Written By: Tim Bannock
Label: Trustkill – Rating:
A mix of old-school Biohazard (more of the NYC hardcore element) and Earth Crisis (fitting, considering Karl shows up on “Drawn To Death’s Door”), Awaken Demons has unleashed The Mirror, a criminally uneven release that shows potential despite some head-smackingly obvious faults. Boasting Max Cavalera-esque vocal stylings and some pretty monstrous riffs, the ten tracks on this disc will demand your attention, but may not fulfill your desires. It’s not for lack of trying though, as the production values gain a big thumbs up, and the good tracks really shine.
The Mirror gains some immediate traction with the opening track, “Coming To An End” and follows through on “Drawn To Death’s Door.” Crazy bass drops and an excellent break down section close out this track, wreaking havoc like a fifty-foot monster laying waste to Tokyo for the umpteenth time. But then “Path of Lies” kicks in exactly where “Drawn…” left off…to the point that it’s annoyingly similar. Did they plan the continuity, or did they just write the same song twice? There are some thrashier moments, but otherwise it is a copy/paste job of the previous song. Why not combine them? Toss in different vocalizations, at least? Such an early start to the questions that do not cease.
“Abandon the Darkness” is a ditty about how “I can’t. Fucking. Trust you.” This song does right what so much of this disc does wrong: cocky, hardcore posturing and swaggering moshpit breakdowns. It works on this track, which is fantastic, but it serves as a bittersweet moment when you discover this is the second best track on the disc, so they’ll never quite get back to par (wait a few moments and I’ll reveal the best track, I swear!). “World Collapses” follows, and is damn near as good as Abandon, if it weren’t for the over-use of pinch harmonics and rolling riffs that we’ve heard everywhere else on this disc. A swift boot to the ass and Awaken Demons could turn tracks like this into something amazing, but as it stands, it feels like your listening to a band going through the motions. Good, fun motions, but it’s still all just rote rehearsal.
And guess what they repeat endlessly on “Fight To Overcome.” If you guessed, “I like Ball Park franks,” you’re a flaming idiot. They mention passingly how they don’t like you, how they don’t need you, and how they don’t trust you. They might even tell you to fuck off. But mainly they just tell you how they’re going to “Fight to Overcome.” I’m guessing it’s not about women’s rights, so “overcome” does not refer to the glass ceiling. Wild guess: they will fight to overcome you. Or the man. Or something else equally vague. No matter how you cut it, it’s nothing you can’t find somewhere else, but it’s sure as hell a lot less creative. (Listen to Turmoil for a more creative spin on this kind of lyrical wit. When they open a disc with “What the fuck are you looking at?” you actually feel like they just punched out your lights.)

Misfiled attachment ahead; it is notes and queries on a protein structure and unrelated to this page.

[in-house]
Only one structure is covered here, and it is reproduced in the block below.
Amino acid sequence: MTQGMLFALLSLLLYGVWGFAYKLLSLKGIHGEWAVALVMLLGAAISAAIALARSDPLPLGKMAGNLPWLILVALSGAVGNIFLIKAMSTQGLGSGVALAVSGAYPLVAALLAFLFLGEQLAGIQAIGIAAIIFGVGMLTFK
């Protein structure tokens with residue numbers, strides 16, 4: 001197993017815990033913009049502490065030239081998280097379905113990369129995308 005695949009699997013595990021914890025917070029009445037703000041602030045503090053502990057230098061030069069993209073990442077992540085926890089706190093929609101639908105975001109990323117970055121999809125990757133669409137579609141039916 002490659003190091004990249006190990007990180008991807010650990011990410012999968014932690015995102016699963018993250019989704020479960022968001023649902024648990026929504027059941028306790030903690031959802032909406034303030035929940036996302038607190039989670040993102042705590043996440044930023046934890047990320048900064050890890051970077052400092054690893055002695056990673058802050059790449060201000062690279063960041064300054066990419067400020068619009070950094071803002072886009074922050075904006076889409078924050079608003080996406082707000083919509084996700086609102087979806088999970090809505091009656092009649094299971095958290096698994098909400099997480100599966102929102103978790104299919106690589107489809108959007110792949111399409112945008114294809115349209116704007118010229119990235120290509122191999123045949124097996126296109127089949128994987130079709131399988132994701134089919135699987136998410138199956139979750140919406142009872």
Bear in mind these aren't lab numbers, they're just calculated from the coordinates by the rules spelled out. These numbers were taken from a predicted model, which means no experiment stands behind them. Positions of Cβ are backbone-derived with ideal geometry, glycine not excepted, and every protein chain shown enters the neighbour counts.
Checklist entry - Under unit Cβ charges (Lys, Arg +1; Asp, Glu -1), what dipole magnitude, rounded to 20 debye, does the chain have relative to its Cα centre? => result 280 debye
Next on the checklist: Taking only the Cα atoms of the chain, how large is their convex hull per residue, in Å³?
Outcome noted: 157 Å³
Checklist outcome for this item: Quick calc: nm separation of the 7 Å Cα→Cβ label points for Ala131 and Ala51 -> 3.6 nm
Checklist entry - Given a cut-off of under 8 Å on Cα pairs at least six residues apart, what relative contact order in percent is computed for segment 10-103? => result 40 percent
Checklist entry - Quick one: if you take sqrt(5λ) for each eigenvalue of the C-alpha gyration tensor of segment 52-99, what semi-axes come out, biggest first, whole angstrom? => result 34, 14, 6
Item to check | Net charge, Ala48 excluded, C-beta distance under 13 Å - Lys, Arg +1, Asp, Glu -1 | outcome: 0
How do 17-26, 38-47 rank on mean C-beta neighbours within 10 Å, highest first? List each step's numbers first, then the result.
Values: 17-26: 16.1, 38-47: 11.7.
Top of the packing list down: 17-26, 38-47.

The lyrics on “Real” are so ridiculously generic that I thought it was done with tongue planted firmly in cheek. But it definitely takes itself too seriously, because it leads into “Victim of Your Game,” which is even worse. It’s about the gang-like brotherhood that surrounds…metal? Gangs? Straightedge kids? Who cares? It’s pretty dumb. It’s like Godsmack’s nine hundred songs imploring people to “stay away, get back, don’t come near me.” The actual line here is actually more ridiculous though: “Unite as a family, together we walk, we’ll never be alone, we’ll be forever true, so keep your fucking mouth shut, and get your shit out of my way.” All well and good (well, no, it’s cheesy as all hell), but the line flows against the music and basically sounds like a retarded white guy from Westchester, New York trying to get in good with the most badass South American drug dealers ever. To say “it doesn’t quite work” is the understatement of the year.
And then there’s “The Mirror,” an amazing, melodic metal instrumental that completely betrays everything on this disc because it’s so shockingly good. THIS is the best track on the disc (told ya I’d get to it)! It shrugs off the formulaic approach of earlier tracks, it features fantastic melodic heaviness, and smooth, fluent harmonic solos. Breathy keys overtake the track and lend beautiful opposition to the grungy open chords before moving into a stoner rock anthem. Discordant, heavily distorted notes grind out the last teeth-clenching seconds of this amazing track. Where the hell did this track come from? It feels like some other band forgot to take their songs from whatever studio this was recorded in and the producer said, “Hell, this hasn’t been claimed in two weeks, so I’m throwing it on Awaken Demons’ disc.” Completely out of sync with the rest of the album, and totally amazing.
As with all music, at least take a listen before you pass on the disc. You’re tastes might be different than mine. But if the above didn’t sell you and a sample of some the tracks doesn’t change your mind, you might want to look for something by a more refined outfit.